Humans consume nearly 700 particles of plastic per year.
Maybe you’re surprised at this news or maybe it just confirms what you knew all along: that anything coming from the ocean is bound to be contaminated by what scientists call microplastics. Researchers as of late have warned consumers of the likelihood that their seafood likely consumed plastic before its death, but not everyone eats seafood and certainly most people did not heed that warning.
Contamination of salt is something else altogether. The majority of people around the world consume salt on a daily basis, whether it’s by directly pouring table salt onto food or through the consumption of other foods that have already been salted.
This year alone, several different groups of researchers confirmed that plastics were mixed in with dozens of different salts found in stores around the world. Among the latest reports are one from August, in which researchers found plastics in all 21 types of salt tested, and a still-unreleased report from the State University of New York at Fredonia, where 12 salts from U.S. grocery stores were tested.
Based on the amount of salt recommended for consumption per day, which is less than an ounce, humans could be consuming up to 660 particles of plastic each year, according to Sherri Mason, the leader of the State University of New York study. Since an estimated 90% of Americans eat more than the recommended amount every day, this number could be even higher.
“Not only are plastics pervasive in our society in terms of daily use, but they are pervasive in the environment,” said Mason. Plastics are “ubiquitous, in the air, water, the seafood we eat, the beer we drink, the salt we use – plastics are just everywhere.”
Humans dump about 13 million tons of plastic into the ocean each year, so it’s no wonder that the material is so prevalent in sea salt. The problem of plastic pollution could soon rival the effects of climate change, though the production of plastic is a major contributor to climate change so the two are already heavily intertwined. The majority of the plastics that wind up in the ocean are single-use bottles and microbeads from face washes and toothpaste. No matter what its origin, all plastic eventually breaks down and becomes one of the many pieces of microplastic floating around in the ocean.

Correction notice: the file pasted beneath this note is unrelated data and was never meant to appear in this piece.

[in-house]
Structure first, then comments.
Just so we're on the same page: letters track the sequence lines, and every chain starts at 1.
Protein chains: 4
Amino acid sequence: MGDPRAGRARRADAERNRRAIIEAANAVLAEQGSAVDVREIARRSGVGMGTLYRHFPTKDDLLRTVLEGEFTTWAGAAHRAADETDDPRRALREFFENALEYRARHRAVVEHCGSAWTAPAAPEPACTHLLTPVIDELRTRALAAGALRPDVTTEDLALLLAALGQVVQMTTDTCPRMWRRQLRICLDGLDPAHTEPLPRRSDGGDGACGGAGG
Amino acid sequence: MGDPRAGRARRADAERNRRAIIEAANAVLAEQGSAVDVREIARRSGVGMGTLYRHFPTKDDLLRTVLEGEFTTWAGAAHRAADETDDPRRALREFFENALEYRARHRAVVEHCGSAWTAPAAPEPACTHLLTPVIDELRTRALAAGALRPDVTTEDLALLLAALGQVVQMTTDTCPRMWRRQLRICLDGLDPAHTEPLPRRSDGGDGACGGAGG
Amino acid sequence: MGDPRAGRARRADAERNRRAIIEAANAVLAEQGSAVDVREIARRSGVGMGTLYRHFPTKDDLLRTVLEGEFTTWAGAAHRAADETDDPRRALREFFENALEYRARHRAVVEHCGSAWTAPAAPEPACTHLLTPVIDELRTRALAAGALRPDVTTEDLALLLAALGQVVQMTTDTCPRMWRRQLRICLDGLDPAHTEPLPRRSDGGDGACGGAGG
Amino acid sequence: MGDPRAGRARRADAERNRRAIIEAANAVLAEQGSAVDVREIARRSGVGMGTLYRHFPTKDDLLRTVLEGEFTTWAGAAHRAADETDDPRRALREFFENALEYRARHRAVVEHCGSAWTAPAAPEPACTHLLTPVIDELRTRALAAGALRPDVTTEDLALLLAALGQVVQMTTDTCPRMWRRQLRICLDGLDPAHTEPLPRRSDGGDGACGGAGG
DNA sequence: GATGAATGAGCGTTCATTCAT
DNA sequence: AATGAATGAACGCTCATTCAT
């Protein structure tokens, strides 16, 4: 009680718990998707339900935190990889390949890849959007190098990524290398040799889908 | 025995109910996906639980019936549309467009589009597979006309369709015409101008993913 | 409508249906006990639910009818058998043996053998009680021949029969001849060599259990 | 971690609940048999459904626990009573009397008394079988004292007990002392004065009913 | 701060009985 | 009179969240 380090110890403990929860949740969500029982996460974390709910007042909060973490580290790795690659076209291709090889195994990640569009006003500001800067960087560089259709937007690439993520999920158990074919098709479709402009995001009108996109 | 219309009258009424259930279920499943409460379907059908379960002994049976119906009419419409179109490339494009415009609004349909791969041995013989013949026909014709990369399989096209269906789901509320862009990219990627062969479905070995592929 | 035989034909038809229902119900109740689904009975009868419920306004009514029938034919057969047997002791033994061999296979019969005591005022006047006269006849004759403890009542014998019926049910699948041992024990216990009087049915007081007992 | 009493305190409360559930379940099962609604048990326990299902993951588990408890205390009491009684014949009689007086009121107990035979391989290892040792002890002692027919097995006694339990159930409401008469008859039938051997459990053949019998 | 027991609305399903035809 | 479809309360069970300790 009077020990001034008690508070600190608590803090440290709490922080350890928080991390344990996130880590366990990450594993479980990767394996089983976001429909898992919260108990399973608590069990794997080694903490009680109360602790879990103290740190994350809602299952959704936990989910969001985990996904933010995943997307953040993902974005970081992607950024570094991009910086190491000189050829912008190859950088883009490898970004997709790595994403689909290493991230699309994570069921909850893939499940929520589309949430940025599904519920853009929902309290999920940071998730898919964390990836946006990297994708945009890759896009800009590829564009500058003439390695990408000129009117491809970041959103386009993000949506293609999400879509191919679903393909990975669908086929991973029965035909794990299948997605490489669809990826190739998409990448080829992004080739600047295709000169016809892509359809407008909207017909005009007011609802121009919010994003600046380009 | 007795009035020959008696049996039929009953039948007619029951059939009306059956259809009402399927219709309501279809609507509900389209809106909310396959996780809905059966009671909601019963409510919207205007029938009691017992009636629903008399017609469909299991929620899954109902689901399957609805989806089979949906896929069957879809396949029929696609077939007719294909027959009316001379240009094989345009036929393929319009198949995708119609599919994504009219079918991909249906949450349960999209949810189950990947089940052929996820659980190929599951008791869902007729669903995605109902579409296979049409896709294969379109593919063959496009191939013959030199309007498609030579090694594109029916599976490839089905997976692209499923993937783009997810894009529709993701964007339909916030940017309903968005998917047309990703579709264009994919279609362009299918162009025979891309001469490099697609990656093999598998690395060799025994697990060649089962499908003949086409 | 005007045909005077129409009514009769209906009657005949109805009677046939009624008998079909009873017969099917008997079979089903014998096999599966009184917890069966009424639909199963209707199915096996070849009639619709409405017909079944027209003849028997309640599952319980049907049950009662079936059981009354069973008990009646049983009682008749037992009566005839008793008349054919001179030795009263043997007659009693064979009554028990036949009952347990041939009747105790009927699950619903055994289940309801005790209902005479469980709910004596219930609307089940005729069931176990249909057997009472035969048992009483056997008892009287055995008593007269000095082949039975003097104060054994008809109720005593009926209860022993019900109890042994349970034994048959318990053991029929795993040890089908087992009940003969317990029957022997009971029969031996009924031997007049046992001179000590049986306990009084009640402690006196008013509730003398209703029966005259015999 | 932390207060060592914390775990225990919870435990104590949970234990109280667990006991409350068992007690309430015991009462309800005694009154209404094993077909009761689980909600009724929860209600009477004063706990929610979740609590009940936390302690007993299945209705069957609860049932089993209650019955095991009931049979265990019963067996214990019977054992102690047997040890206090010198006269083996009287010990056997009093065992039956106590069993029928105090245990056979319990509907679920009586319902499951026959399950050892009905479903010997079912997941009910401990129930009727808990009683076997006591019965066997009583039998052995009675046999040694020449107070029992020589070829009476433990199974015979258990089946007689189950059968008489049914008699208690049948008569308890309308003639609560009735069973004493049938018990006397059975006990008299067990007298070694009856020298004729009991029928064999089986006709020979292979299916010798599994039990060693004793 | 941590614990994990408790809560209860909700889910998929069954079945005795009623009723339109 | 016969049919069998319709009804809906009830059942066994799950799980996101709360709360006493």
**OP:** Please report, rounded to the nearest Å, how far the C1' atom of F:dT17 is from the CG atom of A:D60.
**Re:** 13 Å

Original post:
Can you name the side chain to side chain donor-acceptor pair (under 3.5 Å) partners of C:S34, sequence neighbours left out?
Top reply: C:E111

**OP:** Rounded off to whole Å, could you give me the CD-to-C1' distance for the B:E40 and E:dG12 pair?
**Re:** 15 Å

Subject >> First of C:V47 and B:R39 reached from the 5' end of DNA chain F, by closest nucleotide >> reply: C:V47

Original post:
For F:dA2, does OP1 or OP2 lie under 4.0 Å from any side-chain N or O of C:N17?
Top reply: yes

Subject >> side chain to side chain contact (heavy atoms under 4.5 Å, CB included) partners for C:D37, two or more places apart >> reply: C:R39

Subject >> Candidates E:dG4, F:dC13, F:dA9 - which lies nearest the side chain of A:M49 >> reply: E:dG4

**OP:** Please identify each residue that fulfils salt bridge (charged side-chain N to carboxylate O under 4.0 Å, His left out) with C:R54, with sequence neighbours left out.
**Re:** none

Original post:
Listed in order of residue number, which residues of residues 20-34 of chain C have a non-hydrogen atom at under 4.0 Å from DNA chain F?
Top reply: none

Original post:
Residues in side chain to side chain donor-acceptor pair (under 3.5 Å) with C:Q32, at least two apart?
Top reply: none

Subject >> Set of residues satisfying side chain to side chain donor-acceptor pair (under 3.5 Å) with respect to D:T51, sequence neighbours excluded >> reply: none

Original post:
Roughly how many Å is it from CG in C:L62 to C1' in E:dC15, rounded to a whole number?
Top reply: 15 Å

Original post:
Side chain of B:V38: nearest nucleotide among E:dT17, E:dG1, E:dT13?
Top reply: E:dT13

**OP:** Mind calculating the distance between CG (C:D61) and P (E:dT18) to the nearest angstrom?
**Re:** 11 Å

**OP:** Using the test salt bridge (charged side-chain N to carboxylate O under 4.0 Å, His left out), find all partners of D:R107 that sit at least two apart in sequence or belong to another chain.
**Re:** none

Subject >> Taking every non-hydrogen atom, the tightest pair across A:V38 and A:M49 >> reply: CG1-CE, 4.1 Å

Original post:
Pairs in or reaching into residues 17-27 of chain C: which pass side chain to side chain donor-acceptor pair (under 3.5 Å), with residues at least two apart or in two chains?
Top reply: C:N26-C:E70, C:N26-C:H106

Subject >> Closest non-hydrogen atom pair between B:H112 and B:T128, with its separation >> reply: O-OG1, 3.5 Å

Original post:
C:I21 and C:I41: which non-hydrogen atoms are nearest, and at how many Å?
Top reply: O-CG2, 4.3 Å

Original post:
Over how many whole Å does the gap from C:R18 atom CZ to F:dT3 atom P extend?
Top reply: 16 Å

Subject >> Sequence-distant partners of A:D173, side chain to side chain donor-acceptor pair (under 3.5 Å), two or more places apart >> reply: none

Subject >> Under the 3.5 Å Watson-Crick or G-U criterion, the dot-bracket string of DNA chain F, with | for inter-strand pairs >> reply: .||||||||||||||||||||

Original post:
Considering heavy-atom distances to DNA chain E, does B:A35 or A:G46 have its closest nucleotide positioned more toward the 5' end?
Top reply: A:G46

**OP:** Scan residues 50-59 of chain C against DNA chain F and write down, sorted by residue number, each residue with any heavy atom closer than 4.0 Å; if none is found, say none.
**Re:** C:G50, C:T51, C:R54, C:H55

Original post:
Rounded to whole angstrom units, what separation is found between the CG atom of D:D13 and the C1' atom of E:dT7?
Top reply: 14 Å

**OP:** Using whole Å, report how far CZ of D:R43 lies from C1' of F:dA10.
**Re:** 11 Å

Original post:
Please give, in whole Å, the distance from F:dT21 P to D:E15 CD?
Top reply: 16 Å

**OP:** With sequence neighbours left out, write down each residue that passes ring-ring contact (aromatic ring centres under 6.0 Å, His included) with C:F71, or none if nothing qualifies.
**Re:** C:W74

Unfortunately, the true effects of ingested plastic in the body of humans is unknown for one scary reason: scientists are unable to locate any people that have not already been exposed to the ingestion of plastic.
“Everybody is being exposed to some degree at any given time, from gestation through death,” said researchers from Johns Hopkins Bloomberg School of Public Health and Arizona State University. “Detectable levels of [the plastic] bisphenol A have been found in the urine of 95% of the adult population of the United States.”
This is truly concerning, but since we don’t know how long salt has been contaminated with plastic it’s not exactly surprising. The latest report on salts also comes soon after news of plastic being found in tap water, so to describe the harmful material as “ubiquitous” is completely accurate. Even worse, humans show no signs of slowing down their use of plastic and the horrible disposal of it in the ocean. A recent report found that plastic bottles are consumed at a rate of 1 million per second around the world, and that number is expected to quadruple by 2050.
“There is no clear effect on human health because there are no studies on that subject,” said Juan Conesa, a professor who conducted research on sea salt at the University of Alicante in Spain. “But the increase of plastics in general in the environment will also [increase exposure].”
Salt found in the grocery store originates from all sorts of areas, including Australia, France, Iran, Japan, Malaysia, New Zealand, Portugal and South Africa, so it’s impossible to simply buy a salt that doesn’t come from a contaminated area. As Mason said, these results are about more than just finding a different source and ignoring the facts. A change in the way humans rely on plastic as a whole needs to be evaluated.
“I hope what comes from this is not that [consumers] just switch brands and try to find something that’s table salt or mined salt,” Mason said. “People want to disconnect, and say, ‘It’s OK if I go to Starbucks everyday and get that disposable coffee cup …’ We have to focus on the flow of plastic and the pervasiveness of plastics in our society and find other materials to be using instead.”